Derivatives contracts allow you to make bets on an asset without owning it. Like a side bet. I don’t have to own, watch, or like the Dallas Cowboys to bet on their success / failure.
You can bet on a company by buying its stock, or you can bet someone that it will go up. The latter is a derivative contract. Today the $$$ value of side bets exceeds the trading in original securities by a factor of 40.
For example there is $800 million worth of wheat (3 million metric tonnes) in the world — or at least that’s this year’s production of hard red winter wheat #1, ordinary protein.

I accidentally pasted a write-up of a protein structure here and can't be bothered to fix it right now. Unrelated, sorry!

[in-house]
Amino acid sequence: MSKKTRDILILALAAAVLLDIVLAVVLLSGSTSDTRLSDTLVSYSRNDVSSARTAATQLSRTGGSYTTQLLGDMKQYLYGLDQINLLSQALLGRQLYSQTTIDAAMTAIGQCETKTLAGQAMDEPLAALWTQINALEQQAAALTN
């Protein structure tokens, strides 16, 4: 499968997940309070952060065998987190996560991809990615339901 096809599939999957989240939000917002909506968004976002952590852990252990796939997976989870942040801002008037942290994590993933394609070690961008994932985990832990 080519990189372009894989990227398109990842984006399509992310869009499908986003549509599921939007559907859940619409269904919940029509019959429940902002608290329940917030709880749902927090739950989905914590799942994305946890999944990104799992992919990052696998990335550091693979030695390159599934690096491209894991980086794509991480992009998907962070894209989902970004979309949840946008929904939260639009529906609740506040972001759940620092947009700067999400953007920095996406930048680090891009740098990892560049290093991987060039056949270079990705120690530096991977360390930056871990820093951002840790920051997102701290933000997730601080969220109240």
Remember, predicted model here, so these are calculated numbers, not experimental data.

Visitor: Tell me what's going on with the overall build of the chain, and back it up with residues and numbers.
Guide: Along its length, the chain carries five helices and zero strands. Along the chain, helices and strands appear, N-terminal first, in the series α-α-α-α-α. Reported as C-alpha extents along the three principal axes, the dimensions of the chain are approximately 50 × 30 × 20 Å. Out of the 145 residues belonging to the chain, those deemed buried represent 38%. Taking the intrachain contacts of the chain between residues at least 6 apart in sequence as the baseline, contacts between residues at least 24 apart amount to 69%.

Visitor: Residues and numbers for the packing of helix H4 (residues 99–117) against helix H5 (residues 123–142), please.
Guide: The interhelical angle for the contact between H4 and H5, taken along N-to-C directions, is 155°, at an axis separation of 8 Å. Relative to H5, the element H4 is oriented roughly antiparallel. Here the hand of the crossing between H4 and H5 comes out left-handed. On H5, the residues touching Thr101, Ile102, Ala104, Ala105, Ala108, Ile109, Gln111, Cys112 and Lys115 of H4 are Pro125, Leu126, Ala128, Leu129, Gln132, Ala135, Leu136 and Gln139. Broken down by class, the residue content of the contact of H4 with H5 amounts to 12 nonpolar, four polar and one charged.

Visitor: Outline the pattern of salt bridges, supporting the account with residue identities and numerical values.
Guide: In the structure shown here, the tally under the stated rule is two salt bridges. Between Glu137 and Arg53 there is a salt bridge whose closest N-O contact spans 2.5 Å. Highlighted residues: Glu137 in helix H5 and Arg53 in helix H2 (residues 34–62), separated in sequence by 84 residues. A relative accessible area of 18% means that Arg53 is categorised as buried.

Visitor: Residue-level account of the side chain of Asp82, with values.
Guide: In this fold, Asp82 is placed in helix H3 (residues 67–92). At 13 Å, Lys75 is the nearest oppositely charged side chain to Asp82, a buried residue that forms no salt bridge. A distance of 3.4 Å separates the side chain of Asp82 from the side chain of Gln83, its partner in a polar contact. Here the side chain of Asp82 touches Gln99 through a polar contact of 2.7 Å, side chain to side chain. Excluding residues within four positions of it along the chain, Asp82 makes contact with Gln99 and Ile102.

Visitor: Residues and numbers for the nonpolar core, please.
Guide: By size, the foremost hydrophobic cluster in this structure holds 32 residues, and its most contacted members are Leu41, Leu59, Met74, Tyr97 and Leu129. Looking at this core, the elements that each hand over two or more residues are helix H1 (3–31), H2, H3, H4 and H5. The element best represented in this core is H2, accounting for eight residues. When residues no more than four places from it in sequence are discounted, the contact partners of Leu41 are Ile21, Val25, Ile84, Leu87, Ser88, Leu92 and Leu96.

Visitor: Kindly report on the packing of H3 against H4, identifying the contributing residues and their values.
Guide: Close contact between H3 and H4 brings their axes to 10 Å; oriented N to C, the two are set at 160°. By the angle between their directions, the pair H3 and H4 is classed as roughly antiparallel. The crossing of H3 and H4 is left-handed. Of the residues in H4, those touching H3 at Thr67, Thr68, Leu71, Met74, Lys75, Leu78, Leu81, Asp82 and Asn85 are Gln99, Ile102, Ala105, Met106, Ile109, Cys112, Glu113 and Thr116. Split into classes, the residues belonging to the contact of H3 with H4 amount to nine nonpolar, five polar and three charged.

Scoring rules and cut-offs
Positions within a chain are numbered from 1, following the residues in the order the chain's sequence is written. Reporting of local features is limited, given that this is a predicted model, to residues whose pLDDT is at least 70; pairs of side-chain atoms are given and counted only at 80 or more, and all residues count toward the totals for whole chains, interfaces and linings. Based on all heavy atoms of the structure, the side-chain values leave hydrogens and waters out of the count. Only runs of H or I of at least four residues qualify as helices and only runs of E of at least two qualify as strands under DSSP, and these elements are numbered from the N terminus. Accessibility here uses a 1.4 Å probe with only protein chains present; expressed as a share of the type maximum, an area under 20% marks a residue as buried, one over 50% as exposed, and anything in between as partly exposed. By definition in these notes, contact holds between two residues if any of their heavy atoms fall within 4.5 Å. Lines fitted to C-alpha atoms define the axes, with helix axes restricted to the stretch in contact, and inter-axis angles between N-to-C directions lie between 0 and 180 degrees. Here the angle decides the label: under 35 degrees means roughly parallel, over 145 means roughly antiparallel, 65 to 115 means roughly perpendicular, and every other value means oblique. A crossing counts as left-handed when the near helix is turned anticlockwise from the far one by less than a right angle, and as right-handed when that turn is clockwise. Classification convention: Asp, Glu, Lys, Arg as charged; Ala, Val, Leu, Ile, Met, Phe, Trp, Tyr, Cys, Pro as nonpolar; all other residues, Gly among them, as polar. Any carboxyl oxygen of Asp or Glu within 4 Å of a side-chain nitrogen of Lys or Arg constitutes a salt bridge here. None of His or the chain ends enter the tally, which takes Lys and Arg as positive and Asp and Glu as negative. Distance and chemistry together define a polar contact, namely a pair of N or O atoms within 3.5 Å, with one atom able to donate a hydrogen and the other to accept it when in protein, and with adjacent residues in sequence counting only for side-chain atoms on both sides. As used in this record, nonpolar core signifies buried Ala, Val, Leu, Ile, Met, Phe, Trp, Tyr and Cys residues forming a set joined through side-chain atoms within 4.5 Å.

But on the Chicago Board of Trade alone there were 22 million bets this year, betting about those 3 million MT.
Supposedly there are $1 quadrillion worth of derivatives contracts being traded today.
People talk about it like it’s a bad thing — but it’s neither good nor bad, by itself. It’s scary for regulators because they can barely measure, much less control, what people are doing with their money. They worry about systemic collapse on the one hand, if people make correlated mistakes — but on the other hand, if they over-regulate then they will choke off freedom of property.